The U.S. wheat crop seems to have a little something of everything this year, according to reports to AgWeb's Virtual Wheat Tour.
Several farmers say their wheat crop is looking promising. A farmer from Haxtun, Colo., says the wheat looks good. "Maybe a little small with all of the cool weather we have had so far this spring,” he says. "The wheat has not stressed yet and disease pressures are very light at this time. If we get a few 75 degree days it will really take off.”
In Wilbur, Wash., a farmer says timely rains and moderate temperatures are helping his winter wheat look great. "I am betting yields will be 10% above 10-year averages without frost.”
A southeast Montana farmer says his spring wheat is finished and about half of it is up and looks good. "The early winter wheat looks good and the late winter wheat does not look so hot,” he says. "Tt's all got disease, so we're spraying fungicide.”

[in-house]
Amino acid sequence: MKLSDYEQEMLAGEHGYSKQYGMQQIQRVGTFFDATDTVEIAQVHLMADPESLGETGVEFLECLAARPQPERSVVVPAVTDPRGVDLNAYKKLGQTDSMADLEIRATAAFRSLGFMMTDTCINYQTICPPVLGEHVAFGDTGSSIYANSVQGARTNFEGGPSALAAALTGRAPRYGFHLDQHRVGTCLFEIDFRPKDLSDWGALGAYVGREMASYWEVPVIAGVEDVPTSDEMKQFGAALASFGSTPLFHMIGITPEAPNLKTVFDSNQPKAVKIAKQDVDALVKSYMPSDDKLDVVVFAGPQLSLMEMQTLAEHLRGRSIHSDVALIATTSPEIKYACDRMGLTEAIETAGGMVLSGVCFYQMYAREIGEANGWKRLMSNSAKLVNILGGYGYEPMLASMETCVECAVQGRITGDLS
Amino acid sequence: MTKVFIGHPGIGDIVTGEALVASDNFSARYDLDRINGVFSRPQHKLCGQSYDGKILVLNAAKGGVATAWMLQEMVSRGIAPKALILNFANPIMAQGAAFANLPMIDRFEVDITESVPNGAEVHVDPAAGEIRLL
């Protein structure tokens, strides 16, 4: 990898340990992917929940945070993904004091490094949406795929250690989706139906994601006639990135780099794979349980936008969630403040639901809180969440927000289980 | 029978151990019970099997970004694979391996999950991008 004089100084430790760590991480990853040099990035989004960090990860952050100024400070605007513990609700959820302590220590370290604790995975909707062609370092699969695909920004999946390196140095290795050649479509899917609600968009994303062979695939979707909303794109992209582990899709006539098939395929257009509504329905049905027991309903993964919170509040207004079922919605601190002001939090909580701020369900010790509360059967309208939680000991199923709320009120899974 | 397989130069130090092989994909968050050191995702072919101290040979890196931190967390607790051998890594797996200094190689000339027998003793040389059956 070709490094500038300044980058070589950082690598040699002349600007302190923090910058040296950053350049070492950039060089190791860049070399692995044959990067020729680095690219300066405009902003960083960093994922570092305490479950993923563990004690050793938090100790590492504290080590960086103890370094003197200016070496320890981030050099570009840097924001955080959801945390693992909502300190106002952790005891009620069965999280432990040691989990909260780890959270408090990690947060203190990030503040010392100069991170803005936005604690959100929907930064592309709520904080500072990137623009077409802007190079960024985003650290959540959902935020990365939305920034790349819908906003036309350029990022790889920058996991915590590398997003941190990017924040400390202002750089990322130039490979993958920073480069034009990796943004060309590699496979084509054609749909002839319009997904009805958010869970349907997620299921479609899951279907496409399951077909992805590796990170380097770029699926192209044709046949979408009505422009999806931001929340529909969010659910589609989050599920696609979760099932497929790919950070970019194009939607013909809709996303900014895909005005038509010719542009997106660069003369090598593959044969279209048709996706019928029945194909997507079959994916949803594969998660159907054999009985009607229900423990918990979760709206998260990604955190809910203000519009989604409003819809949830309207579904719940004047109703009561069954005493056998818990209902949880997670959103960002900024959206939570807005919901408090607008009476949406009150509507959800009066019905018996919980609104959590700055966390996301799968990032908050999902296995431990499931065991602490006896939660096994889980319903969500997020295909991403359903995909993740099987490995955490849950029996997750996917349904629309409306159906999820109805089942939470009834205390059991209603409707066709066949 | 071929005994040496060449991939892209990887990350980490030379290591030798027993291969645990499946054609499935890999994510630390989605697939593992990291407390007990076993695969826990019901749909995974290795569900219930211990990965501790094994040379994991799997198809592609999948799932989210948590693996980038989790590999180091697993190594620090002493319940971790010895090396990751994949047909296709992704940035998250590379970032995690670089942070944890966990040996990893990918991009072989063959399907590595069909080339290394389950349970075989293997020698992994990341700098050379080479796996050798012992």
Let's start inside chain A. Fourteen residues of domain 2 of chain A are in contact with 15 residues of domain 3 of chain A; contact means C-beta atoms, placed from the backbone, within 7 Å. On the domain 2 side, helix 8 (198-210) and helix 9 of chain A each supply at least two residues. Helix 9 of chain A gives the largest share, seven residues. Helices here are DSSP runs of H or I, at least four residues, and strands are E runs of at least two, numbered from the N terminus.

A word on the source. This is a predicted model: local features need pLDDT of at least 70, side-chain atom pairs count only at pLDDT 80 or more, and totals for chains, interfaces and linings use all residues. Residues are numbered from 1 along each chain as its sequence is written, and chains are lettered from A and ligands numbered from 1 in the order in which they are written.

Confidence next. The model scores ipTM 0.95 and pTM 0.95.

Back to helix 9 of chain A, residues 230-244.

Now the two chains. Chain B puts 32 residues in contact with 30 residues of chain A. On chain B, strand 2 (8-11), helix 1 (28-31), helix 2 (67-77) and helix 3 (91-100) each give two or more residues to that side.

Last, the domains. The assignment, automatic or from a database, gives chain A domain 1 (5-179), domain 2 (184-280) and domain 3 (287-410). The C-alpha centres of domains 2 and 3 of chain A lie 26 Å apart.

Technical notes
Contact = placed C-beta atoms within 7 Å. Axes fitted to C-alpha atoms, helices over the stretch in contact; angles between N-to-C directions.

A Few Not-So-Good Reports
A farmer in Minto, N.D. says a lot of the wheat in his area is emerging uneven or spotty due to the dry conditions this spring. "The earliest wheat isn't very far from being ready to be sprayed, weed pressure at this point is modest, but with the recent rains I'm sure we will see increased weed pressure.”
A farmer from Livingston and LaSalle counties in Illinois says his 250 acres of wheat has dwindled to 10 acres. "The insurance adjusters calculated my wheat might make in the 17 to 32 bu.,” he says.
Looking at neighboring fields, the Illinois farmer says there is very little wheat in the area. "What is here is shorter than normal. I'm sure the cooler, wet weather we are having now has slowed the maturity. No heads have poked out yet.”
For More Information